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Marketing and sales have been essential components of businesses throughout history. From the earliest marketplaces to the present day, the ability to reach customers and promote products in a targeted and effective manner, has shaped successful businesses. A study conducted by McKinsey reaffirmed that revenue growth is a critical driver of corporate performance. An extra 5% of revenue per year correlates with an additional 3-4% of total shareholder returns (TSR)—the equivalent of increasing market capitalization by 33-45% over a decade. Having the right marketing and sales leadership to lead high growth businesses, especially those in the early stages of growth, can make all the difference.
Ranjitha Kurra, VP of Revenue at Remitly, is a Go-to-Market leader who has built and scaled high-growth B2B businesses of all sizes across a broad range of industries. She is an expert in building nimble, customer-centric revenue teams that are adept at navigating changing market conditions and driving sustainable growth. Here is an excerpt from her playbook for building high-impact revenue teams.
A Playbook for Building High Impact Revenue Teams
Successful sales and marketing strategies have changed dramatically in recent years – markets have grown more competitive, consumer preferences are changing, and sales technology, which allows businesses to better target and reach customers, is emerging rapidly. Revenue leaders that combine a deep understanding of the market and customer problems with effective technology can create a tremendous competitive advantage by helping their products stand-out in a crowded marketplace and building long-term customer preference.
Start with the Customer
“The old adage that ‘good products sell themselves’ is no longer true,” says Ranjitha. Executives and prospective buyers of B2B technology are bombarded with marketing messages. A successful sales representative can cut through the noise by focusing on critical business priorities of a company and demonstrating how their product can accelerate those initiatives. It is easy to train sales representatives to go through a scripted value proposition vs. teaching them to ask probing questions, no less to senior executives, but it separates average sales executives from great ones, builds strong relationships, and pays dividends in the longer-term. “I strongly believe that if you reach the right executive, ask the right questions, and demonstrate value, budgets will follow,” says Ranjitha.
Build a Customer-Centric Sales Process
Once a business reaches product market fit, typically by launching and scaling with the first set of customers, the next phase of growth is to replicate this early success with a wider set of customers. While revenue leaders have the luxury of doing-what-it-takes to win the first few customers, they now need to create a reliable and repeatable process that consistently delivers results.
“Most revenue leaders, at this phase, jump the gun and invest in rapid hiring and complex technology implementations; and it seldom works,” says Ranjitha. Scaling too soon without establishing a repeatable sales process may not only waste precious resources but also slow you down in the long-term. A little restraint at this point goes a long way. Instead, good revenue leaders focus resources on documenting customers’ buying journey, and translating that into a repeatable sales process.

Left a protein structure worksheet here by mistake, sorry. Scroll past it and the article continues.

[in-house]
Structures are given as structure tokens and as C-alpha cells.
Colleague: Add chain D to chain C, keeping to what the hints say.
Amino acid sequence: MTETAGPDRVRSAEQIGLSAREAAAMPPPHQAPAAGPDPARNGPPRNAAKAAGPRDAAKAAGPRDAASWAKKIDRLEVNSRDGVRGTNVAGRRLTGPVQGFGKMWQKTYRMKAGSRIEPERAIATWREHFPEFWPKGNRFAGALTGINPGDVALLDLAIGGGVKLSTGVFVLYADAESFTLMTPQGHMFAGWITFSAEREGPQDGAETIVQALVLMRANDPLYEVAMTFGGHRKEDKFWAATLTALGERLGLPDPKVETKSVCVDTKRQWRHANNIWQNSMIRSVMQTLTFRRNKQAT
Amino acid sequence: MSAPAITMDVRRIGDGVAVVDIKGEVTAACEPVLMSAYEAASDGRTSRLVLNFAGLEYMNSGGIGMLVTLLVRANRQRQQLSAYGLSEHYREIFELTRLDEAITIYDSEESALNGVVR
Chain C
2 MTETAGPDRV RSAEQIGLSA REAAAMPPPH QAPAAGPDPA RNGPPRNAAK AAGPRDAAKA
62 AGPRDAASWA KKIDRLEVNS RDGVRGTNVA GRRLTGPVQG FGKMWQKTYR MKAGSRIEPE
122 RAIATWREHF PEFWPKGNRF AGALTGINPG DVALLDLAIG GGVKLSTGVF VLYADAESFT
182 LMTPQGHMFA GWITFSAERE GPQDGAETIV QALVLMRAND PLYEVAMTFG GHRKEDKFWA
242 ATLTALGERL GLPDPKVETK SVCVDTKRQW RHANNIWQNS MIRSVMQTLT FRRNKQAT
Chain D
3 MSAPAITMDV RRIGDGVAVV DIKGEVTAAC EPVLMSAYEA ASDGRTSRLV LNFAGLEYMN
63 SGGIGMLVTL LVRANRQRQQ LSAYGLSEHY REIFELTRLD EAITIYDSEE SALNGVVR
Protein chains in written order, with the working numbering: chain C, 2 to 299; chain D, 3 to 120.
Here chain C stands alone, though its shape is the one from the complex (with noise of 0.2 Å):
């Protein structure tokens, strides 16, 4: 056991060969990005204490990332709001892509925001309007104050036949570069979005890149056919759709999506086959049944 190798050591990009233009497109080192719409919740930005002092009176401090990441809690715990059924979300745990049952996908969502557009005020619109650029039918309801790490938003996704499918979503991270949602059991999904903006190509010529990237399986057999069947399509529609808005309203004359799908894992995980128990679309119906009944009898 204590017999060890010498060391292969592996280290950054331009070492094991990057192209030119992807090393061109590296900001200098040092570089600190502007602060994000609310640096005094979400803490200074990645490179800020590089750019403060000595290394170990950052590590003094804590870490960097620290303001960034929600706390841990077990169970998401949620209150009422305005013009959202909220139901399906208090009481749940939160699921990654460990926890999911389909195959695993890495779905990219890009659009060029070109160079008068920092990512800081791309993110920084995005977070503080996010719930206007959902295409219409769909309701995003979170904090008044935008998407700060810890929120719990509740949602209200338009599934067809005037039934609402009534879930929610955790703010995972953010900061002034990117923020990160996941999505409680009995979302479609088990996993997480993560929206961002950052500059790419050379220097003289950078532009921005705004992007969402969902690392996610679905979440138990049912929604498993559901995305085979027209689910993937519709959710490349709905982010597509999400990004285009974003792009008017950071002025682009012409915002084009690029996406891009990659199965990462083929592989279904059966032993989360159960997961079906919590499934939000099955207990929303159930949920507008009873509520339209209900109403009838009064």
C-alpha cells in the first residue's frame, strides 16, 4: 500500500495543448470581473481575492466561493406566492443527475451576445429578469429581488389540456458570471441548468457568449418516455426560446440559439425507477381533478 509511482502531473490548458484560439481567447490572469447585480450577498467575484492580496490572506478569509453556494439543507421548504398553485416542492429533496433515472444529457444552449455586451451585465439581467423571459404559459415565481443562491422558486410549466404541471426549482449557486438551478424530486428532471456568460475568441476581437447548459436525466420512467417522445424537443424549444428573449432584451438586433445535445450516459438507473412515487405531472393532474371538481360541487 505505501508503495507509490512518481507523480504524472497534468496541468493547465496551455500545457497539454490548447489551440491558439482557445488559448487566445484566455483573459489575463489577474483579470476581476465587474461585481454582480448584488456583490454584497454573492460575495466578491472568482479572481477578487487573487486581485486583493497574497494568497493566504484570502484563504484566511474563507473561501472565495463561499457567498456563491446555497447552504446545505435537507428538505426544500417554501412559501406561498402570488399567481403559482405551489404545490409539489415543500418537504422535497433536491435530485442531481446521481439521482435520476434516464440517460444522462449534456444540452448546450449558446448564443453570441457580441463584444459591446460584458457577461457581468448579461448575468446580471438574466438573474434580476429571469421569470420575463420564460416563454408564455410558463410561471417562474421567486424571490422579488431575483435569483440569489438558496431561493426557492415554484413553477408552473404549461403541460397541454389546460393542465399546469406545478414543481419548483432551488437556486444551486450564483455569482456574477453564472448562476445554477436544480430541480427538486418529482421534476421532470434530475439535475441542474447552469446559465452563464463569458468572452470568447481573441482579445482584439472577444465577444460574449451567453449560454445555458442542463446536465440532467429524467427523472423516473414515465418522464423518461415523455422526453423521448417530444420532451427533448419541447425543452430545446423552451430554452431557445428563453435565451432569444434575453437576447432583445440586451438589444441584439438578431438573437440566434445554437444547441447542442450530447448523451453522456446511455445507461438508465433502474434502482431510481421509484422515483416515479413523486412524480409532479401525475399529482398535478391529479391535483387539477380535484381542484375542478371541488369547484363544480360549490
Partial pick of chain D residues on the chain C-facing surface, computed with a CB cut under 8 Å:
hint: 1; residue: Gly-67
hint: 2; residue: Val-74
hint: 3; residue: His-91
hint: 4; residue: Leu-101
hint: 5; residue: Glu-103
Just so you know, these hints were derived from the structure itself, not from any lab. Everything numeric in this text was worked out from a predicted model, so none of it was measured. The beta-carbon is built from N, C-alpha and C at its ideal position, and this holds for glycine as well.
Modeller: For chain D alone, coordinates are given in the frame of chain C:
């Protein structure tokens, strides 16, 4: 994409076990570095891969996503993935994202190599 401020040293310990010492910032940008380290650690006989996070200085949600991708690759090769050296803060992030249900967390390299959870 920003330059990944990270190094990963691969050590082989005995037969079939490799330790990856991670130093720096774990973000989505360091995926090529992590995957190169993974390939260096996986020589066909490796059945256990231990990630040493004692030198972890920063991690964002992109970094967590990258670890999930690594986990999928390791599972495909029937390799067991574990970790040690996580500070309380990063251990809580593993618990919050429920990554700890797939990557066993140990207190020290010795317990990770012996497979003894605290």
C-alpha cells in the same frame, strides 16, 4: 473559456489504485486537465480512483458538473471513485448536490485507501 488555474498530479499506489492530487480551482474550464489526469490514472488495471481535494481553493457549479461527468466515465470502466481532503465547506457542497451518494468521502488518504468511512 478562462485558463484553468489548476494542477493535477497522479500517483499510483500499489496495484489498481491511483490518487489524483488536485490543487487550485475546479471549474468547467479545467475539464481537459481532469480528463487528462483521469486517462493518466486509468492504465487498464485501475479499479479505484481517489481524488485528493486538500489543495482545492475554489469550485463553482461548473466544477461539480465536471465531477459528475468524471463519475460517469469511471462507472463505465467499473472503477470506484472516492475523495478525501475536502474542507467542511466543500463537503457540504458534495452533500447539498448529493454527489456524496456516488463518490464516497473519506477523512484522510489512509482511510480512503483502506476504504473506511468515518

“The sales technology space is crowded today. It is so easy to fall into the trap of technology too early. We’ve all been there. It is really important to have a clear idea of your customer problems and sales process before spending your first dollar on tech”, says Ranjitha
Automate the process and Scale the Teams
Once a sales process is developed and tested with the next tranche of customers, typically 5-10x the original cohort, it is now time to scale the team and technology. For scaling the team, it is important to document the archetype of a successful sales executive, including qualitative and quantitative qualifying questions that determine a strong fit, along with a list of companies that have sellers with similar profiles. This not only provides clarity to the recruiting teams but also creates a consistent hiring process that can be refined over time, and lay the foundation for rapid scale in the future. “I cannot stress the importance of this exercise and how often executives overlook it. You don’t hire an art dealer to sell a car, would you?” says Ranjitha
Finally, identify the biggest bottlenecks and/or high-leverage points in the sales process and deploy technology to alleviate them. For example, if sales teams are consistently closing deals as expected, invest in accelerating demand generation. Alternatively, if sales productivity is the issue, invest in coaching tools such as Gong, and hold managers accountable for performance. “Technology should always be deployed in service of a problem. Technology for the sake of technology is a huge distraction. Just because it worked in your past life, it doesn’t guarantee results for a new business and in a new environment,” says Ranjitha.
Ranjitha Kurra is currently a Vice President at Remitly, a leading digital financial services provider for immigrants and their families, where she is leading B2B initiatives. Prior to that, she was the GM of mid-market at Convoy, a high-growth supply chain start-up, where she introduced Convoy’s suite of products to a brand new segment. Ranjitha is known for building effective sales and marketing teams and crafting innovative go-to-market strategies for high-growth businesses.